Again the Ægean, heard no more afar, Lulls his chafed breast from elemental war ; Again his waves in milder tints unfold Their long array of sapphire and of gold, Mixed with the shades of many a distant isle, That frown_where gentler ocean seems to smile.


The isles of Greece, the isles of Greece !

Where burning Sappho loved and sung,
Where grew the arts of war and peace,-

Where Delos rose, and Phæbus sprung!
Eternal summer gilds them yet,
But all, except their sun, is set.
The Scian and the Teian muse,

The hero's harp, the lover's lute,
Have found the fame your shores refuse;

Their place of birth alone is mute

To sounds which echo further west
Than your sires' “ Islands of the Blest."
The mountains look on Marathon-

And Marathon looks on the sea;
And musing there an hour alone,

I dream'd that Greece might still be free; For standing on the Persians' grave, I could not deem myself a slave. A king sate on the rocky brow

Which looks o'er sea-born Salamis ; And ships, by thousands, lay below,

And men in nations ;-all were his ! He counted them at break of dayAnd when the sun set where were they ? And where are they! and where art thou,

My country ? On thy voiceless shore
The heroic lay is tuneless now-

The heroic bosom beats no more !
And must thy lyre, so long divine,
Degenerate into hands like mine?
'Tis something, in the dearth of fame,

Though link'd among a fetter'd race,
To feel at least a patriot's shame,

Even as I sing, suffuse my face ;
For what is left the poet here?
For Greeks a blush-for Greece a tear.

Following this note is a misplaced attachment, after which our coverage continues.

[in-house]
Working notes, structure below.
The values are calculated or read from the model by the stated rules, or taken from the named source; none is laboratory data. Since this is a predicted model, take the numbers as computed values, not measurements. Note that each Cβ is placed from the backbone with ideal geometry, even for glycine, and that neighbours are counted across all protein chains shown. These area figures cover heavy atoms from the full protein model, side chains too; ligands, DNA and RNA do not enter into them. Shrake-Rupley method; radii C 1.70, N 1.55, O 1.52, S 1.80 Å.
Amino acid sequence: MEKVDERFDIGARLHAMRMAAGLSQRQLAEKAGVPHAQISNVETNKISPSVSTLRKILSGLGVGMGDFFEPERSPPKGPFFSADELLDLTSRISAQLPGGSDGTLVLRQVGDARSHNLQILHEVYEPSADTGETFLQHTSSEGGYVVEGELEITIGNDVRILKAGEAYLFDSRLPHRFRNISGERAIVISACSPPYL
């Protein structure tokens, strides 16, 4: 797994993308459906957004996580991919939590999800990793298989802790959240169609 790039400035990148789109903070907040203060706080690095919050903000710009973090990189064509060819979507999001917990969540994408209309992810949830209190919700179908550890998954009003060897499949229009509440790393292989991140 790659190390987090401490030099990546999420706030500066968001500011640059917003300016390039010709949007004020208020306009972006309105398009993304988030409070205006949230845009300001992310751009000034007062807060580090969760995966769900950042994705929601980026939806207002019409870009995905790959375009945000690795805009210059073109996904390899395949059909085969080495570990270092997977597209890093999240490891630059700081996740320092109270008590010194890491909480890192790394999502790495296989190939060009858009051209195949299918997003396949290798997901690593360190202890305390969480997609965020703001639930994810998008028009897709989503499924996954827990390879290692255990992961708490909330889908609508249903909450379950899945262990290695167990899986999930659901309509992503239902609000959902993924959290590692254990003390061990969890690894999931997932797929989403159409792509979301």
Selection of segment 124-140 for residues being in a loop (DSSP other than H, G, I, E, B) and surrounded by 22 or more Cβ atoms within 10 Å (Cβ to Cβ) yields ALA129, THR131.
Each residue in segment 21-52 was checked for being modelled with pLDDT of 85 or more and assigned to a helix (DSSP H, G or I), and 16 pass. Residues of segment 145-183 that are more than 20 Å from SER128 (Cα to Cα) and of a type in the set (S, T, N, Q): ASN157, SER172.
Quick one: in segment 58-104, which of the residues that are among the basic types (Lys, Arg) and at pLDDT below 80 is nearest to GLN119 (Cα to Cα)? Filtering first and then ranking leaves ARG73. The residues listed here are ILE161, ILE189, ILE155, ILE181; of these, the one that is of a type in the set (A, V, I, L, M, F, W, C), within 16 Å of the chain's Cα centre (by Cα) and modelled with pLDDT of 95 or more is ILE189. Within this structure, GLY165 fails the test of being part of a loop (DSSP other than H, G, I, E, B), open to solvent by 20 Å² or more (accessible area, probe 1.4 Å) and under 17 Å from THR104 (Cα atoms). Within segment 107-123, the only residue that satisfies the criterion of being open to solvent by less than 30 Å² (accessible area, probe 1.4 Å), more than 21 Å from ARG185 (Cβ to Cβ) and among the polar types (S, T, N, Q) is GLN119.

Must we but weep o'er days more blest ?

Must we but blush ? _Qur fathers bled, Earth! render back from out thy breast

A remnant of our Spartan dead ! Of the three hundred grant but three, To make a new Thermopylæ !

What, silent still ? and silent all ?

Ah! no ;-the voices of the dead
Sound like a distant torrent's fall,

And answer, “ Let one living head,
But one arise-we come, we come!”
'Tis but the living who are dumb.
In vain-in vain : strike other chords ;

Fill high the cup with Samian wine !
Leave battles to the Turkish hordes,

And shed the blood of Scio's vine ! Hark! rising to the ignoble callHow answers each bold bacchanal ! You have the Pyrrhic dance as yet,

Where is the Pyrrhic phalanx gone ! Of two such lessons, why forget

The nobler and the manlier one ? You have the letters Cadmus gaveThink ye he meant them for a slave ? Fill high the bowl with Samian wine !

We will not think of themes like these : It made Anacreon's song divine:

He served—but served Polycrates-
A tyrant; but our masters then
Were still, at least, our countrymen.
The tyrant of the Chersonese

Was freedom's best and bravest friend ; That tyrant was Miltiades !

Oh! that the present hour would lend Another despot of the kind ! Such chains as his were sure to bind. Fill high the bowl with Samian wine !

On Suli's rock, and Parga's shore,